About Gary Suson
  Ground Zero Museum Workshop was founded in 2005 by Gary Suson, who served as the Official Photographer at Ground Zero for the Uniformed Firefighter's Association (FDNY). While helping sick 9/11 firefighters get free holistic health care in November 2001, he was discovered by Rudy Sanfilippo, the Manhattan Trustee for the Uniformed Firefighter's Association. Suson was invited into Ground Zero by Sanfilippo and the Fire Union to document the "Recovery Period" so 9/11 families would have a visual record of the respect with which their loved one's remains were being treated. Mr. Suson's activities and photographic documentation were also monitored by FDNY Chief of Department Daniel A. Nigro,who ran operations at Ground Zero. Mr. Suson spent 7 months, 19 hours per day documenting every area and aspect of cleanup operations at WTC. He secured $10,000.00 in bank loans to finance the mammoth project. He was given strict rules by the Union, which included not to photographic human remains, not to sell or release the images until the "Recovery" had ended and that if ever substantial funds were raised as a result of the images, that those funds would be forever shared with 9/11 and FDNY charities.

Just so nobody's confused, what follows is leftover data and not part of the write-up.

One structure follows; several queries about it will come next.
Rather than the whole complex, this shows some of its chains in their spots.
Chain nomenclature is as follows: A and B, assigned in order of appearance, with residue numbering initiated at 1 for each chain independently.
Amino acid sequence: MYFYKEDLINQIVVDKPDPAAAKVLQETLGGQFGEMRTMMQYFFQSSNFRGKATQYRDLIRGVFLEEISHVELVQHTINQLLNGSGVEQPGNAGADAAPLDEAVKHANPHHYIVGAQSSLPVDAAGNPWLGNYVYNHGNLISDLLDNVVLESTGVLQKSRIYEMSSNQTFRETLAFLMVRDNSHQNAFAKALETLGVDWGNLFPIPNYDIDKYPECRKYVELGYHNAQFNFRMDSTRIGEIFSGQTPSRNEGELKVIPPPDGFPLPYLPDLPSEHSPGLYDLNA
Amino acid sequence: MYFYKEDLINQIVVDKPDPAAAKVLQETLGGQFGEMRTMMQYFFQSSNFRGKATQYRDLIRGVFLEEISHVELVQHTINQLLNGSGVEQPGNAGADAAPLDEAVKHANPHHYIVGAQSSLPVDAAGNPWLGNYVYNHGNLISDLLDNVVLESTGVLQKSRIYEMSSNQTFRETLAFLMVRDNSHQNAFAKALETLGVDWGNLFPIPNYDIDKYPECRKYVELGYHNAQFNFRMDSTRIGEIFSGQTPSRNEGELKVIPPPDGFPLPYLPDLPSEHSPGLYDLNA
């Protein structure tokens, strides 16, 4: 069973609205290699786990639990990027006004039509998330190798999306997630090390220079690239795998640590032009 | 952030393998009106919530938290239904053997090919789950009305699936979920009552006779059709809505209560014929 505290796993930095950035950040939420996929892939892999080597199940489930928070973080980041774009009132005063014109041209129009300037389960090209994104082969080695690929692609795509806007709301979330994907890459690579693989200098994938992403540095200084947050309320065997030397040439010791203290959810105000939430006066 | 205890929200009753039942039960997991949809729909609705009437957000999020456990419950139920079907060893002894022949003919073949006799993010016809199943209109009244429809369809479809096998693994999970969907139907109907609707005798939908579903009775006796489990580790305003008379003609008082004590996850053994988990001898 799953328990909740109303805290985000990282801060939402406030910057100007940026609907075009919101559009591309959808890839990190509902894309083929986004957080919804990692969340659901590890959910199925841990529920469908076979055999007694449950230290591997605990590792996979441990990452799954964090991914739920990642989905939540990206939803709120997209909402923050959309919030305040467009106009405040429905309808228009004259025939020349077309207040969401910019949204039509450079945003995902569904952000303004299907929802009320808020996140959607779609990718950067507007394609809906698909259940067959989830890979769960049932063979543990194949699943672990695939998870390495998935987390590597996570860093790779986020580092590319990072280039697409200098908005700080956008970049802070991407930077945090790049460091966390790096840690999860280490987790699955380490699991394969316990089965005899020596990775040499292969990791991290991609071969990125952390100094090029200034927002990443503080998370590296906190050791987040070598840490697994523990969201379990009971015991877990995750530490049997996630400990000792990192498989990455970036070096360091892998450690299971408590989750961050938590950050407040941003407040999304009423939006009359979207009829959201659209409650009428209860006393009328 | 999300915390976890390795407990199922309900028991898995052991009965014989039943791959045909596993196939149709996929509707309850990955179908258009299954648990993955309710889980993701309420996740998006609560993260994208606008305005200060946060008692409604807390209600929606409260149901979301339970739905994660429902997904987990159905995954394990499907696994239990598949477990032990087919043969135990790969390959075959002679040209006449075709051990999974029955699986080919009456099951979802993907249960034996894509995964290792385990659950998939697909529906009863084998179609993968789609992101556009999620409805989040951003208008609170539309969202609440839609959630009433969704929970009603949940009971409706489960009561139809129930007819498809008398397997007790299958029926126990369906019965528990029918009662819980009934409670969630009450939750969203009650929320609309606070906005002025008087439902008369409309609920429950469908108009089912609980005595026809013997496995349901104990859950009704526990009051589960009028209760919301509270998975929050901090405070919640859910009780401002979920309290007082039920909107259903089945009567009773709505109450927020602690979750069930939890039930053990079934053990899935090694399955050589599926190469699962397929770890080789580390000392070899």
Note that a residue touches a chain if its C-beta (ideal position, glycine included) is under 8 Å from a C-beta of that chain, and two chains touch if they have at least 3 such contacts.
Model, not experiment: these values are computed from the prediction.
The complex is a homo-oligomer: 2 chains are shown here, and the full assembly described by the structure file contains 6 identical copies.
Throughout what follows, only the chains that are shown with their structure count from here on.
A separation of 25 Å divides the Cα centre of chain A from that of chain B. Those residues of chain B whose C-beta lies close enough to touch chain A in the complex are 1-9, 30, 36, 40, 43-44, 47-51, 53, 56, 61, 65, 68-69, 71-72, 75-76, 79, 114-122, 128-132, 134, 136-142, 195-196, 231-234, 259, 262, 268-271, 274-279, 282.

In the Spring of 2002, at the end of the Recovery, Mr. Suson was given permission by the Fire Union to release his images to the media. He was given a letter of introduction for the media, signed by both fire union presidents, Peter Gorman and Kevin Gallagher, praising him for his photographic work at Ground Zero and stating that the Fire Union had placed him in Ground Zero to shoot on their behalf. The New York Times was the first news organization to release Suson's images, which they called "Rare Photos." His images were then featured world wide on CNN, SKY, BBC, ABC and FOX News. Book offers quickly followed and in September, 2002, Barnes & Noble Publishing released his 200-page coffee table book, "Requiem: Images of Ground Zero." Shortly thereafter, FDNY Headquarters in Brooklyn awarded Mr. Suson the rare appointment of "FDNY Honorary Battalion Chief" for his solidarity with the Fire Department and work at Ground Zero. He was appointed in a special ceremony by FDNY Fire Commissioner Nicholas Scoppetta. Working 7 months at Ground Zero full-time took its physical toll with Mr. Suson developing chronic COPD and severe PTSD. He was ruled disabled by the US Department of Justice 9/11 VCF Board in 2004 and awarded funds to pay for his ongoing medical costs.

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